(c) Local Health Boards — A representative from NGOs or the private sector involved in health services in the province, city, and municipality shall sit as member of the provincial, city or municipal health boards, respectively.

(d) Local School Boards — The representatives of NGOs or the private sector who shall sit as members of the local school boards are as follows:

(1) Provincial school board — the duly elected president of the provincial federation of parents-teachers associations, the duly elected representative of teachers’ organizations in the province, and the duly elected representative of the non-academic personnel of public schools in the province;

(2) City school board — the duly elected president of the city federation of parents-teachers associations, the duly elected representative of teachers’ organizations in the city, and the duly elected representative of the non-academic personnel of public schools in the city;

(3) Municipal school board — the duly elected president of the municipal federation of parents-teachers associations, the duly elected representative of the teachers’ organizations in the municipality, and the duly elected representative of the non-academic personnel of the public schools in the municipality;

(e) Local Peace and Order Councils — The representatives of people’s organizations or NGOs in the local peace and order councils shall be the same as those provided under Presidential EO 309, series of 1988, as amended, and the implementing rules and regulations issued pursuant thereto (Annex B).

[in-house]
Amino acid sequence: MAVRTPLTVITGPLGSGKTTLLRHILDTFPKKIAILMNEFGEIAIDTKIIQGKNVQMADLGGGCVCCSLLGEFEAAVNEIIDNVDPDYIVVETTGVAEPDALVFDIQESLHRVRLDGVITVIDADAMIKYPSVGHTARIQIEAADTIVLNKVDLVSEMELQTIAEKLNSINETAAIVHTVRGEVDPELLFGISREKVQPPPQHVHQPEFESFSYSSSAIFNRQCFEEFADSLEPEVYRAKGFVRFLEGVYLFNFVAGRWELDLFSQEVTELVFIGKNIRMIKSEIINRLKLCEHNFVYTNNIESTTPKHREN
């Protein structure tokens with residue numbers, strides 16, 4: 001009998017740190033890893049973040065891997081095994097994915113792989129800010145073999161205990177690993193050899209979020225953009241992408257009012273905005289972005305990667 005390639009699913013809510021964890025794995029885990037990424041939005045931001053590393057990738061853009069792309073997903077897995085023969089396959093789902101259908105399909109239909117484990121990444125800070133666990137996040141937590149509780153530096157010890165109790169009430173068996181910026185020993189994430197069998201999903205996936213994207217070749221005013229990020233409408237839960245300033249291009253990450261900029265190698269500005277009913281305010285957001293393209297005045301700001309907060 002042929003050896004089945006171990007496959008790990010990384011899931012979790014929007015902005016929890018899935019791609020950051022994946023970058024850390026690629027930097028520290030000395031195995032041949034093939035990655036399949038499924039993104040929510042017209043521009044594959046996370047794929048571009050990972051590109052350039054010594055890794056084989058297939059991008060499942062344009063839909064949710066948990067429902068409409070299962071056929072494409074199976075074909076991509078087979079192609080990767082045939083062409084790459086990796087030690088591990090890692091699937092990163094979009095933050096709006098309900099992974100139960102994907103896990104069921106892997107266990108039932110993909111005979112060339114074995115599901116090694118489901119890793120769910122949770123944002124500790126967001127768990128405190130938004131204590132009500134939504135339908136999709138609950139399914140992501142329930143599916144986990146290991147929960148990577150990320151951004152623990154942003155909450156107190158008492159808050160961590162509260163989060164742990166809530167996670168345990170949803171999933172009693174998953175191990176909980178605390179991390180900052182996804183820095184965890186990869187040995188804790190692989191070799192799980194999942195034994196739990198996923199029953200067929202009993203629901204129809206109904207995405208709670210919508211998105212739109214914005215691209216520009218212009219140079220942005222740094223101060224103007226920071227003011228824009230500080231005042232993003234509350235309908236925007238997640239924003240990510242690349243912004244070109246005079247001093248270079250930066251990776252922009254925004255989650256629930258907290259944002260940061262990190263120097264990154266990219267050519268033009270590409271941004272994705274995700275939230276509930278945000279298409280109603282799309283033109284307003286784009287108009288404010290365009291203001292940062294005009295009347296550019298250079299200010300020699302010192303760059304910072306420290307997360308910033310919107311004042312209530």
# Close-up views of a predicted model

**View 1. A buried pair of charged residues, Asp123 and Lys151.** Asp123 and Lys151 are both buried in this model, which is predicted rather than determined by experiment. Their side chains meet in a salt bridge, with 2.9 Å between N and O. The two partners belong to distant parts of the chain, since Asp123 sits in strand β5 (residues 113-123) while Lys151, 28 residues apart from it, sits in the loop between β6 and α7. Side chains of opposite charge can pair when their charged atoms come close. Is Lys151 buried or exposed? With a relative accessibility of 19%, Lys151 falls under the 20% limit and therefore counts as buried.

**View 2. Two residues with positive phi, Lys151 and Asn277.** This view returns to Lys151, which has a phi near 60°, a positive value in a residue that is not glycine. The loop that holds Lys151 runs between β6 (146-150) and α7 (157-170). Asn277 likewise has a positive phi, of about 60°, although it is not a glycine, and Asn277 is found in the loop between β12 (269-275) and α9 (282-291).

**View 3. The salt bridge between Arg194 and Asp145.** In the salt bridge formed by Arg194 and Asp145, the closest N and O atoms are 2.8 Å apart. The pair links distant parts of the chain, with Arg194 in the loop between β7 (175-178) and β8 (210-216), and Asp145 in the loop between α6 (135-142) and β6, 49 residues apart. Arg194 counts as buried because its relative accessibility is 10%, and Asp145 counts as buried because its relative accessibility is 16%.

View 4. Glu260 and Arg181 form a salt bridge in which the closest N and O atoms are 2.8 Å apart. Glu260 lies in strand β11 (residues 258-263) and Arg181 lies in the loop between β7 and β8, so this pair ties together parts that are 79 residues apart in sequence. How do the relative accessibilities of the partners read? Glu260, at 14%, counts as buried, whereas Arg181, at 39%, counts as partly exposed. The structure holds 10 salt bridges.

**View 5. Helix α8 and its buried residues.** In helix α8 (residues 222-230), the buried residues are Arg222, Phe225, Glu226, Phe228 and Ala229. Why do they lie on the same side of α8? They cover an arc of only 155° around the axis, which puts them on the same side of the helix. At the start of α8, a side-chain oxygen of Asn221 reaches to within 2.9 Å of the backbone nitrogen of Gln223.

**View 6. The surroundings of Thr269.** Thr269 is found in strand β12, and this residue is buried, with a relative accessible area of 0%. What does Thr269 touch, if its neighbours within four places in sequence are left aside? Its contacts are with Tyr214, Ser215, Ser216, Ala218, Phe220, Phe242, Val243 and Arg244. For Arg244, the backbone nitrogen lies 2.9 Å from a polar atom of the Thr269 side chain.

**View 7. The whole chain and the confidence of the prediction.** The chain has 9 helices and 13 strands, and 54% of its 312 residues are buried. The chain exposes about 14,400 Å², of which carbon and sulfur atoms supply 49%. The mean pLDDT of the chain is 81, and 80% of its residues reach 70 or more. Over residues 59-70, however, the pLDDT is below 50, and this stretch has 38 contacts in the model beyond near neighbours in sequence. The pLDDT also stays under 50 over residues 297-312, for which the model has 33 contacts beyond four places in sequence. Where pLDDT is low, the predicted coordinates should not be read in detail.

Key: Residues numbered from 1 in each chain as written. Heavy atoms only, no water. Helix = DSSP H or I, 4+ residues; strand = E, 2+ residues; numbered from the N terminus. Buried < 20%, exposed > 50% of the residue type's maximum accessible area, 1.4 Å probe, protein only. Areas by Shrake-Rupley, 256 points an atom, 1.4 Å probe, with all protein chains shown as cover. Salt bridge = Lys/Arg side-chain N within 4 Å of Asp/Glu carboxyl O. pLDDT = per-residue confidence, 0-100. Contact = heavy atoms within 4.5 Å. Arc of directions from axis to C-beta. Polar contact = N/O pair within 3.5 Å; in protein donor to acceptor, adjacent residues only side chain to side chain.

(f) People’s Law Enforcement Boards — The representatives of people’s organizations or NGOs who sit as members of the boards shall be the same as those provided under RA 6975, and the rules and regulations issued pursuant thereto.

ARTICLE 64. Procedures and Guidelines for Selection of Representatives of People’s Organizations, Nongovernmental Organizations, or the Private Sector in Local Special Bodies. —

(a) Call for application — Within thirty (30) days from the approval of these Rules and thereafter, within thirty (30) days from the organization of the newly elected sanggunian, each sanggunian concerned shall call all community-based people’s organizations or NGOs, including business and professional groups, and other similar aggrupations to apply with the LGU concerned for accreditation for membership in the local special bodies. The application shall include a duly approved board resolution of the people’s organizations, NGOs or the private sector concerned, certificate of registration, list of officers, accomplishments, and financial data of the organization;